White-tailed Deer

Download a printable PDF file of the White-tailed Deer handout.


The National Park Service Organic Act, 1916
The Organic Act of 1916 is an important law to park managers because it established and governs the National Park Service:

“… The service thus established shall promote and regulate the use of the federal areas known as national parks, monuments and reservations hereinafter specified by such means and measures as conform to the fundamental purpose of the said parks, monuments and reservations, which purpose is to conserve the scenery and the natural and historic objects and the wild life therein and to provide for the enjoyment of the same in such manner and by such means as will leave them unimpaired for the enjoyment of future generations.”


Cuyahoga Valley National Park has its own law established in 1974 that spells out its mission. The CVNP law prohibits public hunting on park-owned land. Other landowners within the Cuyahoga Valley allow deer hunting to protect natural habitats within various metro parks or agriculture crops on private farms. Different laws and policies apply to different landowners.

Ohio’s whitetails, as white-tailed deer are sometimes called, are perhaps the state’s best-known wildlife species. The deer are seen in state wildlife areas, parks and nature preserves, as well as in backyards and running across roads. Whitetails have commonly been used by hunters for food and have not always been as abundant as they are today. There was a period of time (1904-1923) when deer hunting was not regulated and the deer were extremely rare. In the 1920s and 1930s, some deer were introduced into the area. Also, deer came into Ohio from neighboring states. Today there are deer in all 88 counties of Ohio.


Whitetails have two seasonal coats. The spring/summer coat is reddish-tan and short-haired. The winter coat is more grayish, with heavy, long hairs for insulation. White patches are found around the eyes and on the throat, belly, tail and inside of the legs. The deer are especially known for their antlers.

The buck grows its first set of antlers when it is a year old. Each year the antlers begin growing in the early spring. They are covered with a thick, velvety skin that contains nerves and blood vessels. In the fall the blood supply to the antlers ends and the buck rubs them against trees and rocks. The result is a shiny, hard antler. In a sound environment, antlers grow to a massive size. Deer in poor habitat not only appear thin, but also have smaller antlers. In Ohio, bucks shed their antlers in December and January following the fall breeding season.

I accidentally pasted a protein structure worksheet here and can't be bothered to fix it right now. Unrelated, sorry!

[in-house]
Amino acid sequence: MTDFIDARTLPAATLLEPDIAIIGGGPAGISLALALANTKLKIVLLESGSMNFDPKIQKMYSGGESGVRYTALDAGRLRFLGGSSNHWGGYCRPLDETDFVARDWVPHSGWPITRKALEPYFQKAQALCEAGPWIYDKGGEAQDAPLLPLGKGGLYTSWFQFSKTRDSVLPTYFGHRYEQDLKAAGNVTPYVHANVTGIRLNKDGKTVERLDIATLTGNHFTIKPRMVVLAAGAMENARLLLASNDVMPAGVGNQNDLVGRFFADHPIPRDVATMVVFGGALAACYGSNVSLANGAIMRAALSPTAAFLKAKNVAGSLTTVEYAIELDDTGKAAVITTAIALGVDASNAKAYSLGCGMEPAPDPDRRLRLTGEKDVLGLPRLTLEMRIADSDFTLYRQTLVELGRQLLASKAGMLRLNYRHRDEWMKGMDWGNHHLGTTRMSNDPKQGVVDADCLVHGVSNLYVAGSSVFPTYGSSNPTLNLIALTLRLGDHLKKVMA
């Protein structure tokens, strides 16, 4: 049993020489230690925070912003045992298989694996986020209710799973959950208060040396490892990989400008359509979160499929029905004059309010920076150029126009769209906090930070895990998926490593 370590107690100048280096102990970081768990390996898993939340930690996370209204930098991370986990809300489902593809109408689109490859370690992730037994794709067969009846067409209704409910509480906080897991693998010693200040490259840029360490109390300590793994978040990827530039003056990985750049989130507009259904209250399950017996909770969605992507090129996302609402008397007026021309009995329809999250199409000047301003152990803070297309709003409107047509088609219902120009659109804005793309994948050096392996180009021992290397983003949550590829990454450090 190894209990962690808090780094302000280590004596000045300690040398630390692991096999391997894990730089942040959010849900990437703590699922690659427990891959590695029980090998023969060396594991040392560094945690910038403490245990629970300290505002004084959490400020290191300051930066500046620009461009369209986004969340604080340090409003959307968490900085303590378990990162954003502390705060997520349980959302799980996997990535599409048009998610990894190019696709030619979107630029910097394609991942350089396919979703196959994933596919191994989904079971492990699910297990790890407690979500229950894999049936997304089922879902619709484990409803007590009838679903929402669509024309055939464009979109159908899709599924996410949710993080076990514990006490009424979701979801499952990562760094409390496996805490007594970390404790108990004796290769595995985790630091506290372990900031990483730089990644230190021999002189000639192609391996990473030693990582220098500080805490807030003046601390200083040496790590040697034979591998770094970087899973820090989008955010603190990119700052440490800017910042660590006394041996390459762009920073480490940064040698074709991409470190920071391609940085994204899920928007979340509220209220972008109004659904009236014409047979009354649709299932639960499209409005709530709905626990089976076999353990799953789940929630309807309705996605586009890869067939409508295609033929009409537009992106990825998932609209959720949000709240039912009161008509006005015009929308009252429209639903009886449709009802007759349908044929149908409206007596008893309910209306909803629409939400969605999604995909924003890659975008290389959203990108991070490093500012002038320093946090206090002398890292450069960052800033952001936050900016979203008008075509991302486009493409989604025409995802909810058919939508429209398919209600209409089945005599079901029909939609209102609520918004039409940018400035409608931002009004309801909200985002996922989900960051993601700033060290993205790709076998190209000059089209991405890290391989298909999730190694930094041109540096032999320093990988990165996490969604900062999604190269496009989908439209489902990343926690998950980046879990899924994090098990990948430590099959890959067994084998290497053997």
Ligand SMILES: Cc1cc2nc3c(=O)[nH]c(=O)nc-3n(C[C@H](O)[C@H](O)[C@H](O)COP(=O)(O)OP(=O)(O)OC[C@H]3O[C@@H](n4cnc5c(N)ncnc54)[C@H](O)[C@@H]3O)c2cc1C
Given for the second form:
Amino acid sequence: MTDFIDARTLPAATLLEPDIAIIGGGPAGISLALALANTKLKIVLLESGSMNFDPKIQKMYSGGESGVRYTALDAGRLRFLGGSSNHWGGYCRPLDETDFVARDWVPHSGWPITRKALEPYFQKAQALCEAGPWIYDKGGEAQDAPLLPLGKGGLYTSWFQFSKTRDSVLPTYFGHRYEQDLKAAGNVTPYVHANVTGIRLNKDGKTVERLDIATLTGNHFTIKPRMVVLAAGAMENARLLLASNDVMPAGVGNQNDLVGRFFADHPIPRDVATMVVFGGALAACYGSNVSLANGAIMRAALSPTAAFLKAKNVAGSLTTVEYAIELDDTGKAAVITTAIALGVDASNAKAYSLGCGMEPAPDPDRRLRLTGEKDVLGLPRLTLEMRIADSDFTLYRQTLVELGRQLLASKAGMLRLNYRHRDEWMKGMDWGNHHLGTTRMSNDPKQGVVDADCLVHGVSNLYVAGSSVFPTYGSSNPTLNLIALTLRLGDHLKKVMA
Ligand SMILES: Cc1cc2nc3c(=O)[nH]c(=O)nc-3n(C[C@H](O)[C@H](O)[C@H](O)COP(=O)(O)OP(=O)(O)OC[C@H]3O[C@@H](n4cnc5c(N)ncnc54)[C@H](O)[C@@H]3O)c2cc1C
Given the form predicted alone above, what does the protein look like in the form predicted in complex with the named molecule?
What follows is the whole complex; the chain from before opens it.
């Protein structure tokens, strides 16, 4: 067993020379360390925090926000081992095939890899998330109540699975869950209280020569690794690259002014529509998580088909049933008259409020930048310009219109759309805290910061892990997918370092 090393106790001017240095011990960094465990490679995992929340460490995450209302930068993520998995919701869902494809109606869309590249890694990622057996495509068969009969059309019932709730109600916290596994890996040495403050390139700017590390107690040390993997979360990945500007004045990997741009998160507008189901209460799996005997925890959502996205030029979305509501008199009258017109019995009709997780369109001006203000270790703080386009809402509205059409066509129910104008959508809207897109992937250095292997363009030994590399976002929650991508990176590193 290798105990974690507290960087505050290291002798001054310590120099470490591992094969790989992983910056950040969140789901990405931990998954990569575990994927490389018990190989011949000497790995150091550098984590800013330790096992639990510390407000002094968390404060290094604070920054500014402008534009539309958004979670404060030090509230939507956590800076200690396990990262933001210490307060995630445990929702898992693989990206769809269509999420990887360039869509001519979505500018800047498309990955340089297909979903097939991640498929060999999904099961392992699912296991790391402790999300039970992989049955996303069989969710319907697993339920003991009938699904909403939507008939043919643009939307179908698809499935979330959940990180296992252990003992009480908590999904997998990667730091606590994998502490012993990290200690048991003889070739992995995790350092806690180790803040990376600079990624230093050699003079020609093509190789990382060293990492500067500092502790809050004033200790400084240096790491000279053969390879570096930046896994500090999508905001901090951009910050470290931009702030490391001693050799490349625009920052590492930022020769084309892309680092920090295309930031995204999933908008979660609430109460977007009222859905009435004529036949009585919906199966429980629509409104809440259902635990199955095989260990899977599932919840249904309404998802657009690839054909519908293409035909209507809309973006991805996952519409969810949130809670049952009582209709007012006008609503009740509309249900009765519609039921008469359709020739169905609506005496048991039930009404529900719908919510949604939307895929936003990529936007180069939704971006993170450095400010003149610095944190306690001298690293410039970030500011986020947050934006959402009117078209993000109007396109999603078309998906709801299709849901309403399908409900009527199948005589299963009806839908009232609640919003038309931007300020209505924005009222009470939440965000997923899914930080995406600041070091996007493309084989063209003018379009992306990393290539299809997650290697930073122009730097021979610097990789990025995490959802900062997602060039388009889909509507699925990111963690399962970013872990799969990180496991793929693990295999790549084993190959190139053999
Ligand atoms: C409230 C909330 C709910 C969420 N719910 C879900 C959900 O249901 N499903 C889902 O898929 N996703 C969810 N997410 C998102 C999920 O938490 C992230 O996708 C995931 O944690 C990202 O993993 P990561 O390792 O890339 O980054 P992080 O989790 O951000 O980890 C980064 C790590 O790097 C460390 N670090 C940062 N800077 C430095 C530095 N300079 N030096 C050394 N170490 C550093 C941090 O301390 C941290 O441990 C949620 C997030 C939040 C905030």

Adult males weigh between 130-300 pounds and females weigh between 90-210 pounds.


Habitat and Habits
One reason why the deer population in Ohio has increased is that their preferred habitat has increased. As Ohio land developed, mature forest and extensive wetlands were replaced by today’s mix of forest fragments, old fields, suburban lawns and agricultural fields.

Whitetails are most active at night, but they’re busy at all times of day. They are not very vocal, but scientists have found that they make about 13 different sounds. Hearing, sight and smell are well developed. These senses go a long way in helping deer survive. Hearing and smell help them determine when other species are around. Smell helps them find food. Being a prey species, their eyes are on the sides of their heads, which allows them to see almost all the way around their body. They flash their white tail to signal danger.

Whitetails like a lot of different foods. Their diet varies throughout the year, depending on what is most abundant. They eat leafy plants, wild fruits, vegetables and some woody plants.

In CVNP, browsing deer have had a major impact on plant diversity, altering the forest ecosystem. The national park has fewer native tree seedlings, shrubs and wildflowers than scientists would expect in a healthy ecosystem.


Reproduction and Care of the Young
Courtships begin in mid-October. Bucks will chase the does for five or six days before mating and then stay with her for a few days afterward, keeping other males away. Then the male will move on and breed with other does. Does are pregnant for about 200 days. In the spring, does give birth to a single fawn the first time they give birth. After that, most adults have twins and occasionally triplets. Does often return to the same place every year to give birth. Fawns are born with their eyes open and can walk within an hour or two. They nurse two or three times a day. The mother and fawn stay together until the following spring. Young does stay in the general area of their mothers, but young bucks disperse from where they were born in search of mates. Most Ohio deer-vehicle accidents occur from October to December, as morning and evening commuters encounter deer on the move during the mating season.


Management Plans
White-tailed deer are perhaps the most managed wildlife species in the state. Deer are many things to many people. They are game fare and trophies to hunters, a prized addition to the land by some nature enthusiasts, a threat to crops by farmers and a road hazard to motorists. To better understand CVNP’s deer management issues, read the handout Too Many Deer?


Ohio deer information is adapted from ODNR Division of Wildlife: Life History Notes White-tailed Deer. Publication 101 (R503)


Download a printable PDF file of the White-tailed Deer handout.

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